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Cherif Mohammed Haidera v. United Arab Emirates, Working Group on Arbitrary Detention, U.N. Doc. E/CN.4/2006/7/Add.1 at 10 (2004).



Communication addressed to the Government on 11 June 2004.

Concerning Mr. Cherif Mohammed Haidera.

The State is not a party to the International Covenant on Civil and Political Rights.

1. (Same text as paragraph 1 of opinion No. 20/2004.)

2. The Working Group expresses its appreciation to the Government for the information it has provided.

3. (Same text as paragraph 3 of opinion No. 20/2004.)

4. In the light of the allegations made, the Working Group welcomes the cooperation of the Government, which has replied within the 90-day deadline.

5. Mr. Cherif Mohammed Haidera, a citizen of Niger, born on 11 November 1960, a diplomat of Niger, resident of Niamey, currently detained at Dubai Central Prison, United Arab Emirates, was arrested on 20 May 1998 at the General Prosecution Building in Dubai, following an interview with the Attorney-General. He had been summoned to appear before the Attorney-General, Mr. Ibrahim Bin Milha. Mr. Haidera was first transferred to Bahrain and later to Dubai Central Prison. Later, he was accused of involvement in a case of counterfeiting Bahraini dinars and depositing them in the Dubai Islamic Bank.

6. Mr. Haidera was sentenced to three years’ imprisonment. According to the source, he completed his prison term on 20 May 2001 and should have been released. According to the federal law, he was to have been released on 19 August 2000, when he had completed two thirds of his sentence. Mr. Haidera has been in prison for more than six years, in spite of having been sentenced to only three years of imprisonment.

7. The Government replied that on 28 June 2000, Mr. Haidera was sentenced in a criminal case (No. M-1998/2681) to three years’ imprisonment for the offences of fraud and use of magic to appropriate other people’s property. The sentence also included an order for the deportation of Mr. Haidera. Mr. Haidera served his term of imprisonment, which ran until December 2002, but could not be released and deported owing to the fact that he had also been sentenced in a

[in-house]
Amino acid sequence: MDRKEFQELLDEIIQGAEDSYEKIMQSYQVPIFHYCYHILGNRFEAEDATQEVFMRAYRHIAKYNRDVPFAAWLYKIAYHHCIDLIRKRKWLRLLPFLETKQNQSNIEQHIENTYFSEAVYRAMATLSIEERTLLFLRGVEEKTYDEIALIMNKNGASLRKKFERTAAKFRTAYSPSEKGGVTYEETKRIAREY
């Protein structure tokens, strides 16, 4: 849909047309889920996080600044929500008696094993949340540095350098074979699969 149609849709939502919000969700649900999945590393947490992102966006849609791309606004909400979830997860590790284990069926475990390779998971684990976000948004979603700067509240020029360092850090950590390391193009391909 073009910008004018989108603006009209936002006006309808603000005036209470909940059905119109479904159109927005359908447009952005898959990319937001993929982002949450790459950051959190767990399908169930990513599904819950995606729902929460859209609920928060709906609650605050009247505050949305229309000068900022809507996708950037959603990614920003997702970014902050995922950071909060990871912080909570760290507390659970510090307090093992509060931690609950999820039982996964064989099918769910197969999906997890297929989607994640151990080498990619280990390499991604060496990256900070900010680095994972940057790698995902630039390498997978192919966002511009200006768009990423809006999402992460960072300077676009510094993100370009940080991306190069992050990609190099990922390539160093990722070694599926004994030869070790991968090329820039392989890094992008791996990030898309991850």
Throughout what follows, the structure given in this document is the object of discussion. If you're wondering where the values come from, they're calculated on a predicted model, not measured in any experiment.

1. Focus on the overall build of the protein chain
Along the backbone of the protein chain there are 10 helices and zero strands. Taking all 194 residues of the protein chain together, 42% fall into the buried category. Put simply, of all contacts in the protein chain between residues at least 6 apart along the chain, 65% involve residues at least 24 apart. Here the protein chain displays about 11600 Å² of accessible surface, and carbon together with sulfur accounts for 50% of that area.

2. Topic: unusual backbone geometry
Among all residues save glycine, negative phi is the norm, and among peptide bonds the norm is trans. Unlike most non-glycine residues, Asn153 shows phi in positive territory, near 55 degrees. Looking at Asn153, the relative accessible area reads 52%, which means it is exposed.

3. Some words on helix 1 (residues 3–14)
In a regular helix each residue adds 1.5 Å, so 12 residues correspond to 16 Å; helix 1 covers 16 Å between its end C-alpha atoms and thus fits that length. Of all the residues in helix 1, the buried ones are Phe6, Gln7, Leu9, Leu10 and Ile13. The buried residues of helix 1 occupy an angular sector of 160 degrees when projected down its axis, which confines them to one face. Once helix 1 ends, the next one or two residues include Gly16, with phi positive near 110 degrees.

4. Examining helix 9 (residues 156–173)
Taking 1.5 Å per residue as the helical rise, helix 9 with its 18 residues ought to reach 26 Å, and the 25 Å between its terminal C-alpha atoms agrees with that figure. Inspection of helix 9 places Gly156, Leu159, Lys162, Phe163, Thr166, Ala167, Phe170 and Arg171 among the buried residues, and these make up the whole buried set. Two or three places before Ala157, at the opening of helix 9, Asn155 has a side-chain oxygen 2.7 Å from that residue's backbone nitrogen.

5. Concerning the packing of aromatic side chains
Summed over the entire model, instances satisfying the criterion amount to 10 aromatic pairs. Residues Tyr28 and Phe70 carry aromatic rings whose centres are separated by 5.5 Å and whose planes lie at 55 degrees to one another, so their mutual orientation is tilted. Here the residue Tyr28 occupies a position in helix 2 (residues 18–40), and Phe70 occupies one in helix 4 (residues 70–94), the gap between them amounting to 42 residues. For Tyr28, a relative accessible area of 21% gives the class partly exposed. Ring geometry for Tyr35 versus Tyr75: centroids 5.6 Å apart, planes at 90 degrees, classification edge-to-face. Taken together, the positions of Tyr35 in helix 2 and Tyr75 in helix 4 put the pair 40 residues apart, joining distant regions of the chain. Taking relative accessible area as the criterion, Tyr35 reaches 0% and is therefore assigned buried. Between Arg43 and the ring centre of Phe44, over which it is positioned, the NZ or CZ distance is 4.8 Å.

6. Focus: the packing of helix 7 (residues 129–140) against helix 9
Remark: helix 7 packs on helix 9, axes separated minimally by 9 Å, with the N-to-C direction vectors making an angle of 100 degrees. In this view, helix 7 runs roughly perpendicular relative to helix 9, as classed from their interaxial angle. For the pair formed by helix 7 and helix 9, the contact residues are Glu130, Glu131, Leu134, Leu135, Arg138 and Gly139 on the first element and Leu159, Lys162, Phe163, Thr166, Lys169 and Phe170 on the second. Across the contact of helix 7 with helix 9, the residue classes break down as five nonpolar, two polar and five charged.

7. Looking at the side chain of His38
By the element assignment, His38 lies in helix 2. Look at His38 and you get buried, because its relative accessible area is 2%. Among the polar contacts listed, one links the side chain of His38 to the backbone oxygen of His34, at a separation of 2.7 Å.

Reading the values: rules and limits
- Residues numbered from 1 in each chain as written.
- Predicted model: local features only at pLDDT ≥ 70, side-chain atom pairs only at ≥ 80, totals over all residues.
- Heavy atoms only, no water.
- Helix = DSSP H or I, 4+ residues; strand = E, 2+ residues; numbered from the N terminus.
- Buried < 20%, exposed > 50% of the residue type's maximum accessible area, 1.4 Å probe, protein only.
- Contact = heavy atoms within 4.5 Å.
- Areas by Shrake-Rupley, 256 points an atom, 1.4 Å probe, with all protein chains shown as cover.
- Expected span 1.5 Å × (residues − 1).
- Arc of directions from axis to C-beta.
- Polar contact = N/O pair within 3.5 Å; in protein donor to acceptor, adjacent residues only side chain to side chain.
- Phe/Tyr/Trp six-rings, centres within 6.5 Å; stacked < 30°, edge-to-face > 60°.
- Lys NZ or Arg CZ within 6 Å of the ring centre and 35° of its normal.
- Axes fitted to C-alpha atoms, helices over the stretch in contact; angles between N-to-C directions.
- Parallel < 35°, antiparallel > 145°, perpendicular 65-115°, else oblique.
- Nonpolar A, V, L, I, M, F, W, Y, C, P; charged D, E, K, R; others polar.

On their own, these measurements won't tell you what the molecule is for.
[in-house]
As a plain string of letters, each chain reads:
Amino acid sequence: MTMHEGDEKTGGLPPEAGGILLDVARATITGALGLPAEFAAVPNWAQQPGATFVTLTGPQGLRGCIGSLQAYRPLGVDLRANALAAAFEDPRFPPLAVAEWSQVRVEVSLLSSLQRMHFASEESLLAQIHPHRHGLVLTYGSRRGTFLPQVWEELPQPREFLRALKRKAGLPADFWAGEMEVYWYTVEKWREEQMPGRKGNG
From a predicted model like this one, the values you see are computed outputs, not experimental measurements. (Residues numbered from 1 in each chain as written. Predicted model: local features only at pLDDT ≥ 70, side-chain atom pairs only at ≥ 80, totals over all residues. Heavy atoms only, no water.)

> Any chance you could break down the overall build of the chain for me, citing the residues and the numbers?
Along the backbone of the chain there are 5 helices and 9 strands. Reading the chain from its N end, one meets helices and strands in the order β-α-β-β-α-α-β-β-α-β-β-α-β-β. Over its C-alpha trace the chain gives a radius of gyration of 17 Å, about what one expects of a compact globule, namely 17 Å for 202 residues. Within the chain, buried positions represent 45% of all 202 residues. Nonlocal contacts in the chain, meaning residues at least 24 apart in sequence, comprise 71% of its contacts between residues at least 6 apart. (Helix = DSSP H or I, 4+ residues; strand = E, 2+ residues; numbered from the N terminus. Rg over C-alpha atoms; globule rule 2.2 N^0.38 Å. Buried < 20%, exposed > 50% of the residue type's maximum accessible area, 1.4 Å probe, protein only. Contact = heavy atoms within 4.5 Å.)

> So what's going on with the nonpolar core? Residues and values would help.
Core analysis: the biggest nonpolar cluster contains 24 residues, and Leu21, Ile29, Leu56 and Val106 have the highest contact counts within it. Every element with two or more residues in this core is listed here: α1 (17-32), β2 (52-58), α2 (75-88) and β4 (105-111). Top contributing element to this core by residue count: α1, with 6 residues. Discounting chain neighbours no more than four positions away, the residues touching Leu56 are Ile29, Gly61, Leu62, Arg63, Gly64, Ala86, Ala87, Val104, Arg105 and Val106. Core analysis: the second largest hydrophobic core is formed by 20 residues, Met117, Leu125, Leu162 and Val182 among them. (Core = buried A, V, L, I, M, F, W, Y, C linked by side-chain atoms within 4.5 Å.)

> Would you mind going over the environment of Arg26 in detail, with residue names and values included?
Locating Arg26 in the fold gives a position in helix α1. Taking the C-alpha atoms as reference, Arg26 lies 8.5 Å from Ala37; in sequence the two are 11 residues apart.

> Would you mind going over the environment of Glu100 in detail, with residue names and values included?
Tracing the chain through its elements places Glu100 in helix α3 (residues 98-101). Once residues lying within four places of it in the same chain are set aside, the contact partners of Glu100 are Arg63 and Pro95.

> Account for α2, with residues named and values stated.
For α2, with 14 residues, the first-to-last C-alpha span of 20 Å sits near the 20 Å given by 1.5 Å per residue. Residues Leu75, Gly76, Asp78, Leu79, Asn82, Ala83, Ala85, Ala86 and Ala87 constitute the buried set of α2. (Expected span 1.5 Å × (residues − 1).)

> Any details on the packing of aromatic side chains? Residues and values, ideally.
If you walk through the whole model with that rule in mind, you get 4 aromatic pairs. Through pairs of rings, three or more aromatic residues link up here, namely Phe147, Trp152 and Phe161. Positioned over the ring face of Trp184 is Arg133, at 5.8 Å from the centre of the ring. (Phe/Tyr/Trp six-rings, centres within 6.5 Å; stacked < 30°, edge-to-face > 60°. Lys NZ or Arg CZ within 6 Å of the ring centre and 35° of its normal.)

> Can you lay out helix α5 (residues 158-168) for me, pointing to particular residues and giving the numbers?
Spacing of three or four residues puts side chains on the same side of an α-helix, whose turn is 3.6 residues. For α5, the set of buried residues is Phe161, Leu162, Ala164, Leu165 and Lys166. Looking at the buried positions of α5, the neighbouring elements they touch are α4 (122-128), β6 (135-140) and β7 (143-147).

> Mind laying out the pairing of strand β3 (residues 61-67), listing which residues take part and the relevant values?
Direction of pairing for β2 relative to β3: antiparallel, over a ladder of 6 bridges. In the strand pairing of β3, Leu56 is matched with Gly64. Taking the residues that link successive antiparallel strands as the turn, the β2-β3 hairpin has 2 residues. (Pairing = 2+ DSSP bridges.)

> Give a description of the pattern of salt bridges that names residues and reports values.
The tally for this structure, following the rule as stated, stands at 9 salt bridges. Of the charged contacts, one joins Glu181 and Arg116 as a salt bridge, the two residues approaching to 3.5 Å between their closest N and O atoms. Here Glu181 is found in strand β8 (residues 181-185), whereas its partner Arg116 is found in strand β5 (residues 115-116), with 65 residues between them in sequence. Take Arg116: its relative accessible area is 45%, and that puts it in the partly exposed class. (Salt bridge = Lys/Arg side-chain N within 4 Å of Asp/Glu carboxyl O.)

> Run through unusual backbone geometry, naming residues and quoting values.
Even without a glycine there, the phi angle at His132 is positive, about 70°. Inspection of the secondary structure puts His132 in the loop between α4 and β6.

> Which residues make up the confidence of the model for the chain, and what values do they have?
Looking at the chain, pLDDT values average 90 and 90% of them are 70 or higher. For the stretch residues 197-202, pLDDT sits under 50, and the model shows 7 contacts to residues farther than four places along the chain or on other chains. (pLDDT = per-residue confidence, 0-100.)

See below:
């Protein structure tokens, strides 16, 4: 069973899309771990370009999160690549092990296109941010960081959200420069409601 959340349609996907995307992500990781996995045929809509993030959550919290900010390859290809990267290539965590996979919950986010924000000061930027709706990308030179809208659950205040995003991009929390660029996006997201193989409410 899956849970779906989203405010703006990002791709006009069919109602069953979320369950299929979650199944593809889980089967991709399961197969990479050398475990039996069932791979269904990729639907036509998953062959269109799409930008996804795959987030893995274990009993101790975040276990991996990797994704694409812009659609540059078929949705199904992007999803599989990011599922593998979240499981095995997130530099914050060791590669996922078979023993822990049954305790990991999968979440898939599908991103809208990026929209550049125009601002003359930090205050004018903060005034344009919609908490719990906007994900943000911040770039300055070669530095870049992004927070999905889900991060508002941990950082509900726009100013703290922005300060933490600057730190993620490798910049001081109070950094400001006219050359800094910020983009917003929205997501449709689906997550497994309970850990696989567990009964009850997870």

civil suit linked to the criminal case and imposed following proceedings brought by the Dubai Islamic Bank (case No. 44/2002). Mr. Haidera, along with his co-defendants, was ordered by the court to pay the Bank the amount of 888,881,097 U.A.E. dirhams as compensation for damages incurred from the date of the misappropriation until such time as the entire amount, and any taxes due, were paid. The court also suspended the deportation order (decision of the court of first instance, case No. 375/2000).

8. The Working Group transmitted the reply provided by the Government to the source, which insisted that Mr. Haidera had been arrested in May 1998 and sentenced in absentia to three years’ imprisonment. No fine was imposed by the court at that time. The full sentence was completed on 20 May 2001. The source wonders why the Government considers that the sentence was completed on 5 December 2002, and not on 20 May 2001, in view of the three-year sentence. Furthermore, it is still unclear to the source why he remained in jail in November 2004.

9. The source further reports that the Dubai Islamic Bank brought a civil complaint against Mr. Haidera in Miami, Florida, United States of America, in 1998 (case No. 98-14580). Judgement was pronounced, in absentia, against the defendant and assets were seized from Mr. Haidera’s Merrill Lynch account in New York. The Dubai authorities are now saying that the Dubai Islamic Bank (which belongs to the Government) has brought another civil complaint, this time before a Dubai court, against Mr. Haidera and are seeking reimbursement of 888,881,097 U.A.E. dirhams and 100,000,000 U.A.E. dirhams as compensation. The source points out that in the Miami suit brought by the Dubai Islamic Bank’s lawyers while Mr. Haidera was detained in Dubai, he is said to have received, by electronic transfers, a total sum of US$ 2,850,000.

10. The Working Group believes that it is in a position to render an opinion on the facts and circumstances of the cases, in the context of the allegations made and the response of the Government thereto.

11. The Government confirms that Mr. Haidera completed his term of imprisonment on 5 December 2002. With regard to the claim in civil court for amounts corresponding to debts arising from a criminal sentence, the Government explains that Mr. Haidera’s release and expulsion were suspended, but that the order by which he was kept in detention was not. The Government has not specified what judicial authority or decision is responsible for Mr. Haidera’s remaining in prison, nor has it indicated how long he is to remain in detention. Such deprivation of liberty for an unspecified period of time is contrary to the principles set out in the Universal Declaration of Human Rights.

12. The Working Group therefore considers that, as from 5 December 2002, Mr. Haidera’s continued detention without any legal basis, which under international standards a detention order may constitute, is arbitrary.

13. In the light of the foregoing, the Working Group renders the following opinion: The deprivation of liberty of Mr. Cherif Mohamed Haidera since December 2002 is arbitrary as being in contravention of article 9 of the Universal Declaration of Human Rights and falls within category I of the categories applicable to the consideration of the cases by the Working Group.

14. Consequent upon the opinion rendered, the Working Group requests the Government to take the necessary steps to remedy the situation, and bring it into conformity with the standards and principles set forth in the Universal Declaration of Human Rights.

Adopted on 24 November 2004


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